Thursday, December 7, 2006
This important contract-related news flash from the AP (via NYLawyer.com):
Lawsuit is the word: Olivia Newton-John is suing Universal Music Group Inc. for allegedly failing to pay more than $1 million in royalties on sales of the "Grease" soundtrack album.
Newton-John starred with John Travolta in the 1978 movie version of the Broadway hit.
The breach-of-contract suit was filed Friday in Los Angeles County Superior court. It contends that while Universal did pay some royalties on the album, it failed to make a range of other contractual payments, said John Mason, an attorney for Newton-John.
According to the suit, a recent audit showed Universal owes more than $1 million to Newton-John's company, ON-J Productions, Ltd.
"The lawsuit is without merit and, at the appropriate time, we expect that the court will dismiss it," Universal said in a statement Tuesday.
[Meredith R. Miller]
Wednesday, December 6, 2006
The most recent issue of the Virginia Law Review is a Symposium issue on Contemporary Political Theory and Private Law. It includes two fascinating exchanges on contract law theory. Barbara Fried provides comments on Daniel Markovits' Article, "Making and Keeping Contracts." In resopnding to Michael Trebilcock and Jim Leng's "The Role of Formal Contract Law and Enforcement in Economic Development," Terrance O'Reilly's "Cotnract Theory on and off the Grid" assesses the applicability of dominant contracts law theories to non-Western societies. His short essay discusses the approaches of Charles Fried, Thomas Scanlon, Melvin Eisenberg, Peter Benson, James Gordley, and Michael Trebilcock. Fun stuff!
I have noticed a trend towards puffery in recent legal scholarship. I'm not talking about David Hoffman's briliiantly-titled The Best Puffery Article Ever (I haven't read the Article, but anything with that good a title has got to be good). No, I'm talking about abstracts that sound a common theme.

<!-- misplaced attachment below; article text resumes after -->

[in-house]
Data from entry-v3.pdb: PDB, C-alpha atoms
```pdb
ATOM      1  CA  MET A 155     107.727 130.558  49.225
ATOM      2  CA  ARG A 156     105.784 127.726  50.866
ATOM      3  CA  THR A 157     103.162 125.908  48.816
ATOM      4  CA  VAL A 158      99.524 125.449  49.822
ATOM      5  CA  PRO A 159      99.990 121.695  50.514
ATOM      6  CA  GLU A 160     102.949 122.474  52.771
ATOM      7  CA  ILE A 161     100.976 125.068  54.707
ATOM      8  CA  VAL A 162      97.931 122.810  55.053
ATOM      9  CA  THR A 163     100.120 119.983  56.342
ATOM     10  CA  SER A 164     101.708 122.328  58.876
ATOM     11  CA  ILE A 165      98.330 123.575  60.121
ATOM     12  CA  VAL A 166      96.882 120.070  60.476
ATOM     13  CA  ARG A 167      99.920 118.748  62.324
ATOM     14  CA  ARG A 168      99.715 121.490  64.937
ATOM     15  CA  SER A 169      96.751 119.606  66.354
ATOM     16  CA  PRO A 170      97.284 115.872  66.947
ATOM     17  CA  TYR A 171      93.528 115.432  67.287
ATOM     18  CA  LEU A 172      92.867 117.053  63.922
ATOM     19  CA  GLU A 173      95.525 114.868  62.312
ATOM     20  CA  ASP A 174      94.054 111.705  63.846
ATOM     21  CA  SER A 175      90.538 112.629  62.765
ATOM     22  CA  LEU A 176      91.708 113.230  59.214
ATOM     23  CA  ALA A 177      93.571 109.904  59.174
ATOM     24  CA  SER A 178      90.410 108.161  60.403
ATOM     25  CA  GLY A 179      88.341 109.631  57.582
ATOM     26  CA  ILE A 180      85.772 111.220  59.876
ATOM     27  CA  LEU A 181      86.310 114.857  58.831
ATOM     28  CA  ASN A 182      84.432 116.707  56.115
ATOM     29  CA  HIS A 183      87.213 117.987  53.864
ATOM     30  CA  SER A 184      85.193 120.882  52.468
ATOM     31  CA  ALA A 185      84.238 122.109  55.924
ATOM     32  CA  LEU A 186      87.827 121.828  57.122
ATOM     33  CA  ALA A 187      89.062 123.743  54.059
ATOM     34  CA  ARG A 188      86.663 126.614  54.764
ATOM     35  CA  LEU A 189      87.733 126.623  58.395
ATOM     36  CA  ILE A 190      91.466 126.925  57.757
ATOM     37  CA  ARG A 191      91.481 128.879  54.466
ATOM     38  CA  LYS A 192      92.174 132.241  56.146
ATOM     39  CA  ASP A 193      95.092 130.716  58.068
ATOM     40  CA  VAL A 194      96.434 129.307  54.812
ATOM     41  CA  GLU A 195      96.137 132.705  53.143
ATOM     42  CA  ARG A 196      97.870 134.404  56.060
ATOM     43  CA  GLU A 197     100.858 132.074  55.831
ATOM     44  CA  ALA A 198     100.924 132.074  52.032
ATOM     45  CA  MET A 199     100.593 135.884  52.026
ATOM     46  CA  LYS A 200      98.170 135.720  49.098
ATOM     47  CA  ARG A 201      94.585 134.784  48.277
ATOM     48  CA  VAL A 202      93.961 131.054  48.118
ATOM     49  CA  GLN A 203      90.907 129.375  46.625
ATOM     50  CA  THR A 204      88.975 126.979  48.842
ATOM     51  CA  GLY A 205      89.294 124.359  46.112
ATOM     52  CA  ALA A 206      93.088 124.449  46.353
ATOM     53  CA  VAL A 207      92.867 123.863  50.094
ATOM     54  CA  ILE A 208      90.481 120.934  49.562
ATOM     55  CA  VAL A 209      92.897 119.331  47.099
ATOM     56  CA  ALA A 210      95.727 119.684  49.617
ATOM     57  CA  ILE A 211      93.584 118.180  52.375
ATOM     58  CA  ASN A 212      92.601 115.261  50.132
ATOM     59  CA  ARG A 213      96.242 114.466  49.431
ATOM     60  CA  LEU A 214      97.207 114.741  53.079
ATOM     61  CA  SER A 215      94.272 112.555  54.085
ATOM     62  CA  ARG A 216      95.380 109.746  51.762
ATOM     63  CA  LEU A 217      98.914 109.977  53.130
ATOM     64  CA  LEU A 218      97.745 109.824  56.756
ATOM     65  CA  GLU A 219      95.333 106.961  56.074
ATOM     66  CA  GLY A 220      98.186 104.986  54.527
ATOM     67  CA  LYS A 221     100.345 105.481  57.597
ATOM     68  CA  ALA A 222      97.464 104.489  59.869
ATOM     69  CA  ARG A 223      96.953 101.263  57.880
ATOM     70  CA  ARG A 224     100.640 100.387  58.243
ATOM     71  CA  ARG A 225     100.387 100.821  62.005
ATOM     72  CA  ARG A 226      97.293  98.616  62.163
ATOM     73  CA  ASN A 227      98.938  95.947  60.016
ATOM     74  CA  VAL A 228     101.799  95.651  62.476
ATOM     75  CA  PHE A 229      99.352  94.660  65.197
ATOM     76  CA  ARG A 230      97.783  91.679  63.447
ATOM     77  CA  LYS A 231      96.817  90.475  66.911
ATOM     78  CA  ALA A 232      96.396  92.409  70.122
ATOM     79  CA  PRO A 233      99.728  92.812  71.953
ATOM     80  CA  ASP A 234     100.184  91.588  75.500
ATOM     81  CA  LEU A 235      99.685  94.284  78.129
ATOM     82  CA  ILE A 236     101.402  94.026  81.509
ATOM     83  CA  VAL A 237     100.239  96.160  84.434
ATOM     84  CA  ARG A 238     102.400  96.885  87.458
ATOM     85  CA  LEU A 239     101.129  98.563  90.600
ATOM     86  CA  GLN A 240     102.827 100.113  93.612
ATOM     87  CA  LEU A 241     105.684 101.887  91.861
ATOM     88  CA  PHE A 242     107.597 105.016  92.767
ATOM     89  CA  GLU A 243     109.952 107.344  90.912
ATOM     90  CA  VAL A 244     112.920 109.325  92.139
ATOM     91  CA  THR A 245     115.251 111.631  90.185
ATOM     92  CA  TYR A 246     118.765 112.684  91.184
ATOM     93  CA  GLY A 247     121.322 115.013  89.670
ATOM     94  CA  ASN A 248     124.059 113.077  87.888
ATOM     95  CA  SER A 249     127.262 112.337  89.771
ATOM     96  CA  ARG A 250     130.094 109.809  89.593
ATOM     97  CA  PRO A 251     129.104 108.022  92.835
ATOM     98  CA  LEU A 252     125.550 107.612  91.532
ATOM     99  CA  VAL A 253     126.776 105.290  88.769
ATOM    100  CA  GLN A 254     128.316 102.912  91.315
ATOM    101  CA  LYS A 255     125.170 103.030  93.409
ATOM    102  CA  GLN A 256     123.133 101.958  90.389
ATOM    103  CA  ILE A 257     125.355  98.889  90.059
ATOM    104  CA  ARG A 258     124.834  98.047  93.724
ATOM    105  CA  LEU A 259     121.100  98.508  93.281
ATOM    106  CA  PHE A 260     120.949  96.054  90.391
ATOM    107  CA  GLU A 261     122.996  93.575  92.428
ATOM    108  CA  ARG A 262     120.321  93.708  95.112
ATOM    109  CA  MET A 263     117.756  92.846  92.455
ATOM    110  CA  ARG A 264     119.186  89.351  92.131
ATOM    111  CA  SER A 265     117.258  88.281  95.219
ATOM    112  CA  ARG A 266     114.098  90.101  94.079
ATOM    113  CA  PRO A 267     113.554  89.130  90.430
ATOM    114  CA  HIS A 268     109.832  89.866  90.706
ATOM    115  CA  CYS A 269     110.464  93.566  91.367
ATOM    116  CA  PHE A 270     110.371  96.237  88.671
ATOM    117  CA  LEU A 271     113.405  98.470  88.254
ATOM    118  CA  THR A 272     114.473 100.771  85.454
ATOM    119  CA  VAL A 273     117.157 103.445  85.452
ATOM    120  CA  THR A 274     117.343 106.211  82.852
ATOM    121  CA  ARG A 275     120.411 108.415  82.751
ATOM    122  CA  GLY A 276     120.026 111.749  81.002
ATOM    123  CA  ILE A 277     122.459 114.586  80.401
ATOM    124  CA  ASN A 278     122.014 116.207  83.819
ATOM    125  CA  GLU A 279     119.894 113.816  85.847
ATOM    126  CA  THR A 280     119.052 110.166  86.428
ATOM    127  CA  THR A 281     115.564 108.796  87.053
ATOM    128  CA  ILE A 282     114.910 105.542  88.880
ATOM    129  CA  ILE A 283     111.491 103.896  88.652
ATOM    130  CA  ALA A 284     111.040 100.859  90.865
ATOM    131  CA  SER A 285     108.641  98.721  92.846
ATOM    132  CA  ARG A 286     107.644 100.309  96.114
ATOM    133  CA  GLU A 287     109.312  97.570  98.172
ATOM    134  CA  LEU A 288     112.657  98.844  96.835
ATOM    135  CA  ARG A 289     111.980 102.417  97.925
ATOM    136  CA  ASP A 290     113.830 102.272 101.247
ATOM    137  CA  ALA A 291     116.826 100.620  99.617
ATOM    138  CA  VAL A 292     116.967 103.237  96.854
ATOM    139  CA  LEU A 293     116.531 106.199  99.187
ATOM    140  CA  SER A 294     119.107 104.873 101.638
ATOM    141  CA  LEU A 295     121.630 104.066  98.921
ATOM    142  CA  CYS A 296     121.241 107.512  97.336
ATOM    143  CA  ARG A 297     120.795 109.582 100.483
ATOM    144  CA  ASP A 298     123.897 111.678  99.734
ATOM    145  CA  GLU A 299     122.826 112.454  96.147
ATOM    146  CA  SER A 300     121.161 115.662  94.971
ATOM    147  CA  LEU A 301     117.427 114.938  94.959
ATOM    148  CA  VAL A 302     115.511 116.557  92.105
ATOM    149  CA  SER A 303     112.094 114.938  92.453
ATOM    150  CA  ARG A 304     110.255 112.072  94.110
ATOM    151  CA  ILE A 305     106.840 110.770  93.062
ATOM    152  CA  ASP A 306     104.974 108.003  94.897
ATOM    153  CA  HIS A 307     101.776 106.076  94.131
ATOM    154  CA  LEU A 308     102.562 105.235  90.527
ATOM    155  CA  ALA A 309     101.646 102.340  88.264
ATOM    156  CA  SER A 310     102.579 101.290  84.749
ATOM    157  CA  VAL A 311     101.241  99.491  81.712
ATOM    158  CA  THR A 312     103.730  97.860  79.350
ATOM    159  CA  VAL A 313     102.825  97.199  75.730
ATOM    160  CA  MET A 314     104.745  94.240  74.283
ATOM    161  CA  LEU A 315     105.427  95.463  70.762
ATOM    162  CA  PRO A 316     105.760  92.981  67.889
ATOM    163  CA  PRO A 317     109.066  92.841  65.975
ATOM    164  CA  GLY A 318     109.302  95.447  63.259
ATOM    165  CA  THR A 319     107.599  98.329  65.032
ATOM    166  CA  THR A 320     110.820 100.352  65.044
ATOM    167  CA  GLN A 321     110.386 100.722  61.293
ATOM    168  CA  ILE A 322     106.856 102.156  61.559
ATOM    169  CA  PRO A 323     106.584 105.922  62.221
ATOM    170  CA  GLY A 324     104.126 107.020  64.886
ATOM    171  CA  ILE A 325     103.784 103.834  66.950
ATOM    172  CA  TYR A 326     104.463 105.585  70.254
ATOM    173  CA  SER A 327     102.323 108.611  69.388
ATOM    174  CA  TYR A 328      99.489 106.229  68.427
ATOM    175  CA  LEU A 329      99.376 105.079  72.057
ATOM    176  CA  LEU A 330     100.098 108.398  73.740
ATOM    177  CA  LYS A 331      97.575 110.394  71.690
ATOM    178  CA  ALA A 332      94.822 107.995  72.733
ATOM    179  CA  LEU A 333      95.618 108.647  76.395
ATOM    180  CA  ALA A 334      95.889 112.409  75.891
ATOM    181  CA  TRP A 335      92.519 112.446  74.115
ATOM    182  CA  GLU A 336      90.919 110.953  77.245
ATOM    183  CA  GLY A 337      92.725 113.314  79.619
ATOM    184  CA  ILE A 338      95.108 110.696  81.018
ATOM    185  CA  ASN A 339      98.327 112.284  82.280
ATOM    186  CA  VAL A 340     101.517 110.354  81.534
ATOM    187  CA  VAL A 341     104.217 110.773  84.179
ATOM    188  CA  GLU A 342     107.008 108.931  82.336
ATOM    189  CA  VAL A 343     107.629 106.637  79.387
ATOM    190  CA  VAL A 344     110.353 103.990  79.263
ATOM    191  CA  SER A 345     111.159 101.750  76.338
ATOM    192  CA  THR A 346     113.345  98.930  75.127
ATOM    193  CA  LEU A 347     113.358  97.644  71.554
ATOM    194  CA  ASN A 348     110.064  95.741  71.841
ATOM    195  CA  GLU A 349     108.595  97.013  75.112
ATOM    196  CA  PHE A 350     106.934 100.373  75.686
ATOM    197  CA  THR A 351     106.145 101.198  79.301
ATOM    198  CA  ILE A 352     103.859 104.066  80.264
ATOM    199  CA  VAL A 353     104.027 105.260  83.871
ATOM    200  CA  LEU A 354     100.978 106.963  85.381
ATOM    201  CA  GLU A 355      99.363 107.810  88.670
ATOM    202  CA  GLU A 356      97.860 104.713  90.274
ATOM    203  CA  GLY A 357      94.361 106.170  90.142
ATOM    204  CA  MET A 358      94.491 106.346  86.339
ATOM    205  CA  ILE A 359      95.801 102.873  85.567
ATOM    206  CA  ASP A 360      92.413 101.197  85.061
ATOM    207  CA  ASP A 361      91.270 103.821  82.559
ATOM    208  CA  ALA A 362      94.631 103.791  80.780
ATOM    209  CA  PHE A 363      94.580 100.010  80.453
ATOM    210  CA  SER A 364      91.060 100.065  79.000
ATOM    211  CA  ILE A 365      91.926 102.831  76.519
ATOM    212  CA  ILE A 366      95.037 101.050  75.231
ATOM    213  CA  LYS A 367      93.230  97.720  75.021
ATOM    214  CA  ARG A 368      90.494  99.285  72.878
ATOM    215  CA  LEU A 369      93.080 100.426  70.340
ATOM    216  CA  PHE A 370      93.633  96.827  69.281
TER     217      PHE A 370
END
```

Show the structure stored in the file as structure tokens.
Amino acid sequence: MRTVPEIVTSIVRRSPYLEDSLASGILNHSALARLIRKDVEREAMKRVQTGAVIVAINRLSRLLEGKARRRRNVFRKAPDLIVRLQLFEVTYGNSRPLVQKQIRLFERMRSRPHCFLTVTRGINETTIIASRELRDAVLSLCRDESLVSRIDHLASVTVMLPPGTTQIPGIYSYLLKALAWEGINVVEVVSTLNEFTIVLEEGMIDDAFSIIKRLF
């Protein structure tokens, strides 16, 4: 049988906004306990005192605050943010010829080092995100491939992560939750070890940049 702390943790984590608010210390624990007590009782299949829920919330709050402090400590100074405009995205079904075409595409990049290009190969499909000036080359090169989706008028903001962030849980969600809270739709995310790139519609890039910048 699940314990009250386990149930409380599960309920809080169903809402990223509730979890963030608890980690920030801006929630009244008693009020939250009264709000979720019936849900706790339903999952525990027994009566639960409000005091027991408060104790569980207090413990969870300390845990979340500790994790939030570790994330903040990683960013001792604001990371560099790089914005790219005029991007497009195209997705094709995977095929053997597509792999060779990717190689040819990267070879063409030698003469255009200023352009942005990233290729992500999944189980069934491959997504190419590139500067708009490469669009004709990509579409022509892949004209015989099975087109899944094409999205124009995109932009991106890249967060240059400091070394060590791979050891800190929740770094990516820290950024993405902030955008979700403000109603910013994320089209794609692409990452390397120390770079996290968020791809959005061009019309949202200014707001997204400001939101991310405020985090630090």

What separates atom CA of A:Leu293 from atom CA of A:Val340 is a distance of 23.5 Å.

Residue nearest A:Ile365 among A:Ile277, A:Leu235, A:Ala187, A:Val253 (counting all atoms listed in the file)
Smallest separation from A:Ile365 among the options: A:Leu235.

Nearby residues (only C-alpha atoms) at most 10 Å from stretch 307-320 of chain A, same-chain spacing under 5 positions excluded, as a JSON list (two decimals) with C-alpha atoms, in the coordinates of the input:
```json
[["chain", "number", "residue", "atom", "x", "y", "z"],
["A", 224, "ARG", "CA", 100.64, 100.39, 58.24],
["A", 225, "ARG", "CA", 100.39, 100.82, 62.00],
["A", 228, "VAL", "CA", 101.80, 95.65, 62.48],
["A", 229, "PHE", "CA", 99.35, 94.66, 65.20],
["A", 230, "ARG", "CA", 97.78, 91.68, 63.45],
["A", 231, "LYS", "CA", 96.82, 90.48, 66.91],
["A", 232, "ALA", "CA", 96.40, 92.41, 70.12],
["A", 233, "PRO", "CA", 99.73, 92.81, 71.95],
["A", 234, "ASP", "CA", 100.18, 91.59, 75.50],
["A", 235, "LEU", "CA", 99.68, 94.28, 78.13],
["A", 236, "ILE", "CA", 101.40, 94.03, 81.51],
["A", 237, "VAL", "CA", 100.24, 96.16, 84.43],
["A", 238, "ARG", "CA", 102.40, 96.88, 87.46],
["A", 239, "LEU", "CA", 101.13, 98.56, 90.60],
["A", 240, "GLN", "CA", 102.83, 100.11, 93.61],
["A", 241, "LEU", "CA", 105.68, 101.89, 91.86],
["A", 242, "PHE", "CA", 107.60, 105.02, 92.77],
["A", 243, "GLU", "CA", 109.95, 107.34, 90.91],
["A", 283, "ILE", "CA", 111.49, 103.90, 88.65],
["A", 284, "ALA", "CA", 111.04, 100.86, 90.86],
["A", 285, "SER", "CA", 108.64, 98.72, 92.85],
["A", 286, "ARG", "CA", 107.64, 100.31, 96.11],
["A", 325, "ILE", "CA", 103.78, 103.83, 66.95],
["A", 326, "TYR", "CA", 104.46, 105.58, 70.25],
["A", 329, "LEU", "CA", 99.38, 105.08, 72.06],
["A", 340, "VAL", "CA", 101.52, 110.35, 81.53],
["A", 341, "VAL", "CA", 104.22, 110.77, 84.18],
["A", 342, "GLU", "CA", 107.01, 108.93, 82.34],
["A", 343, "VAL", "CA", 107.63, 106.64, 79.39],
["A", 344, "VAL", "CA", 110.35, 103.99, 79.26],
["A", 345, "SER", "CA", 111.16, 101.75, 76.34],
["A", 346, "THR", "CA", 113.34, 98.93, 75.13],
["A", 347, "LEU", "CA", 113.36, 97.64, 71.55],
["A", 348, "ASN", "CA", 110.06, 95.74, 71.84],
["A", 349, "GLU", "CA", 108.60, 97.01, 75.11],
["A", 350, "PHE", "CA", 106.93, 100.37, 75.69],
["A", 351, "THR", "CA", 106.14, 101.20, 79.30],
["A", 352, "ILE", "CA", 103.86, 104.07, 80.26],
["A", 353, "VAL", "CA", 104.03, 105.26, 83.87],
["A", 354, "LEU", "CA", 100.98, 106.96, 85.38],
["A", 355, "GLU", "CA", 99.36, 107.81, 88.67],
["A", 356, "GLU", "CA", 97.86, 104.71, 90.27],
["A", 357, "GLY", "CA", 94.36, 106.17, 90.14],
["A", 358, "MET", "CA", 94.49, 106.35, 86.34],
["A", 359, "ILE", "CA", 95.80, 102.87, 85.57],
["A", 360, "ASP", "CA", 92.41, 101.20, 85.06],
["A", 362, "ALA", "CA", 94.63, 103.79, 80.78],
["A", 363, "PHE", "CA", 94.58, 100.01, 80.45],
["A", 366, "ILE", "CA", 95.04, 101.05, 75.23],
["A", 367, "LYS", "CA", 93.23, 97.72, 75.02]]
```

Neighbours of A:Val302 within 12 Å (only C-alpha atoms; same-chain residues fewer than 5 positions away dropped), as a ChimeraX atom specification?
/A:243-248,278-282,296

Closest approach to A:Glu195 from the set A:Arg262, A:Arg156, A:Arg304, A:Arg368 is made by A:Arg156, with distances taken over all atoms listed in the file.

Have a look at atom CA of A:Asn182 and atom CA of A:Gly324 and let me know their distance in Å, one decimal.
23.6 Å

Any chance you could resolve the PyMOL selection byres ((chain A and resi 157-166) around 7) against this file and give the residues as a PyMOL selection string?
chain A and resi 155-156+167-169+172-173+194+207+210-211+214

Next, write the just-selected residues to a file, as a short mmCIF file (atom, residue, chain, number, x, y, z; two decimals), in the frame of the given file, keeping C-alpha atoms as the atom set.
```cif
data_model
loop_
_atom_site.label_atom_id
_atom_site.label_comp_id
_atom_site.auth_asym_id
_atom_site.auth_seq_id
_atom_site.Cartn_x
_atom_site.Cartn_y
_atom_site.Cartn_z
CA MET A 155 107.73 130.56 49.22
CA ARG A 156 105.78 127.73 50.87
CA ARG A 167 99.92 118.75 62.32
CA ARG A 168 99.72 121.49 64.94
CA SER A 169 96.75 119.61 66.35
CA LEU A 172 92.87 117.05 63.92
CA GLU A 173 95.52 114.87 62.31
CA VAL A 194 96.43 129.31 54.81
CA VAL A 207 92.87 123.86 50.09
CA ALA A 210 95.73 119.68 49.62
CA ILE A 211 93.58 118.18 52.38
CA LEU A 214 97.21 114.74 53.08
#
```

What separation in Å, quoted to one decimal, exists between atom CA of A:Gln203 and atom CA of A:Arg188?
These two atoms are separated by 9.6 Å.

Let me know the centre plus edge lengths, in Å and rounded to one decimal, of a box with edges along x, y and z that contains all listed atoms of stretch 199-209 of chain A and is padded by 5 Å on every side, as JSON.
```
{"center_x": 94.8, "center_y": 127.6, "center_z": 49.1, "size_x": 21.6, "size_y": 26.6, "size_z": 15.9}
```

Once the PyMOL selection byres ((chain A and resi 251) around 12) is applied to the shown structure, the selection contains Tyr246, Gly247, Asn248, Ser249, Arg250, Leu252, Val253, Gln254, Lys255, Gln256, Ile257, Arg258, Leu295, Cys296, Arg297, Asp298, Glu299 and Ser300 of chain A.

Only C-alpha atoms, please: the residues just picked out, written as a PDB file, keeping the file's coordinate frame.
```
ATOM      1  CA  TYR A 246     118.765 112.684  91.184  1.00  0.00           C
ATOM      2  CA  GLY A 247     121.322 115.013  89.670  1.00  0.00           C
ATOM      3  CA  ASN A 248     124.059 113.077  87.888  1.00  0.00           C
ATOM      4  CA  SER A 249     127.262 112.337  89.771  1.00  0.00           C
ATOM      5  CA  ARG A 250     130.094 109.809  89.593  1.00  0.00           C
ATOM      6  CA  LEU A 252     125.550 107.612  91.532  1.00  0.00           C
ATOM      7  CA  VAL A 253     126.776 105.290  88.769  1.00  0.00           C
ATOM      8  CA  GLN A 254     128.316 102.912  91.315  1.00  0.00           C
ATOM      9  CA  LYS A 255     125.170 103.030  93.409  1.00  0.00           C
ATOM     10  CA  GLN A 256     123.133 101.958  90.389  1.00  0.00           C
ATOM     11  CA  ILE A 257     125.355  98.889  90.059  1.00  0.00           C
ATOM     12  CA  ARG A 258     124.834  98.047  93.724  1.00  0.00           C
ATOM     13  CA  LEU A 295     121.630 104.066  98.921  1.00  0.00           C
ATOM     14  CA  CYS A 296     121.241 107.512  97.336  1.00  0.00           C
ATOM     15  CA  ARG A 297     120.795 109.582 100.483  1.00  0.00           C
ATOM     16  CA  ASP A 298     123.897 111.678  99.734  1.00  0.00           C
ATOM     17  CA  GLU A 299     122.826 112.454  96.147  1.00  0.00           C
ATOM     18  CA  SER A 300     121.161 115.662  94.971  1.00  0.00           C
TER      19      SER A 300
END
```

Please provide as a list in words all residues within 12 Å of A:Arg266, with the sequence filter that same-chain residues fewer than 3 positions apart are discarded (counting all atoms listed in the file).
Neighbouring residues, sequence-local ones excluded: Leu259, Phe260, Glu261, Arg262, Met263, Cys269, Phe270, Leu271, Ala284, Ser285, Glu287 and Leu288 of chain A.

This Article provides the first comprehensive study demonstrating conclusively that . . .
This Article shows that everything you have previously read on this topic is wrong and I am right . . .
This Article demonstrates that the simple and obvious solution to this problem (or interpretation of this provision) is correct and nobody has recognized this brilliant and straightforward solution until I came along.
I have been sucked in by quite a few such abstracts. Here's the thing. The Articles never live up to their abstracts (creating the biggest false advertising claim since Lionel Hutz's suit against the movie The Never Ending Story). They often add significantly to my understanding of the issues addressed and usually persuade me, but they never change my life, remove all mysteries and doubts, or unlock the secrets of happiness and success as the initial puffery suggests.
But perhaps the Articles have a different impact on the law review editors who are perhaps the abstracts' primary intended audience.
Last week, Carol Hill Albert sold Astroland Park in Coney Island, Brooklyn, USA, to real estate developer Thor Equities. Astroland will open for a final season next year; then Thor plans to build a $2 billion theme hotel and amusement park. What will happen to Coney Island’s iconic rides? The Astrotower, the Cyclone, the Parachute Jump?
Well, the New York Post reports that Albert has offered to donate the 275-foot-high Astrotower to the City of New York so that it can be moved to another area of the Coney Island Boardwalk. But, if the City doesn’t accept Albert’s offer, she said she has a buyer who wants to move the tower to “an undisclosed amusement park somewhere down South.”
Now, I know the-potential-amusement-park-buyer “down South” is “undisclosed,” but my first reaction is pleeease Mr. Mayor don’t let Disney buy the Astrotower. This is pure speculation, but I can just imagine a part of Disneyworld named “Coney Island, USA”; this is all too ironic. If this were to happen, a historic amusement park in Brooklyn will be replaced with something approximating Disneyworld and, in turn, a bit of that history would be moved to Disneyworld. Given that many have noted the “Disneyfication” of New York and, in particular, Time Square, it will soon be unclear where Disney ends and Main Street, USA begins.
My next thought, and my grandparents met at Coney Island in the 1930’s, so I may have a particular bias informed mostly by nostalgia: what will be next? The Cyclone? According to the New York Post, apparently not: “[t]he famed Cyclone roller coaster at Astroland was not part of the deal, and Albert will continue operating the landmark ride under a city lease.”
[Meredith R. Miller]
Tuesday, December 5, 2006
Many of my students, faced with the prospect of their first set of law school exams, find the system unconscionable. They have no bargaining power, and the terms are unreasonably favorable to law professors, who give no feedback all semester and then administer exams in environments that could hardly be more stress-inducing for students. I suggest they raise their claim in D.C.
When he learned of Ms. Williams' plight,
"Unconscionable!" said Skelly-Wright.
If you sell door-to-door,
The court might abhor
You, and void all your contracts for spite.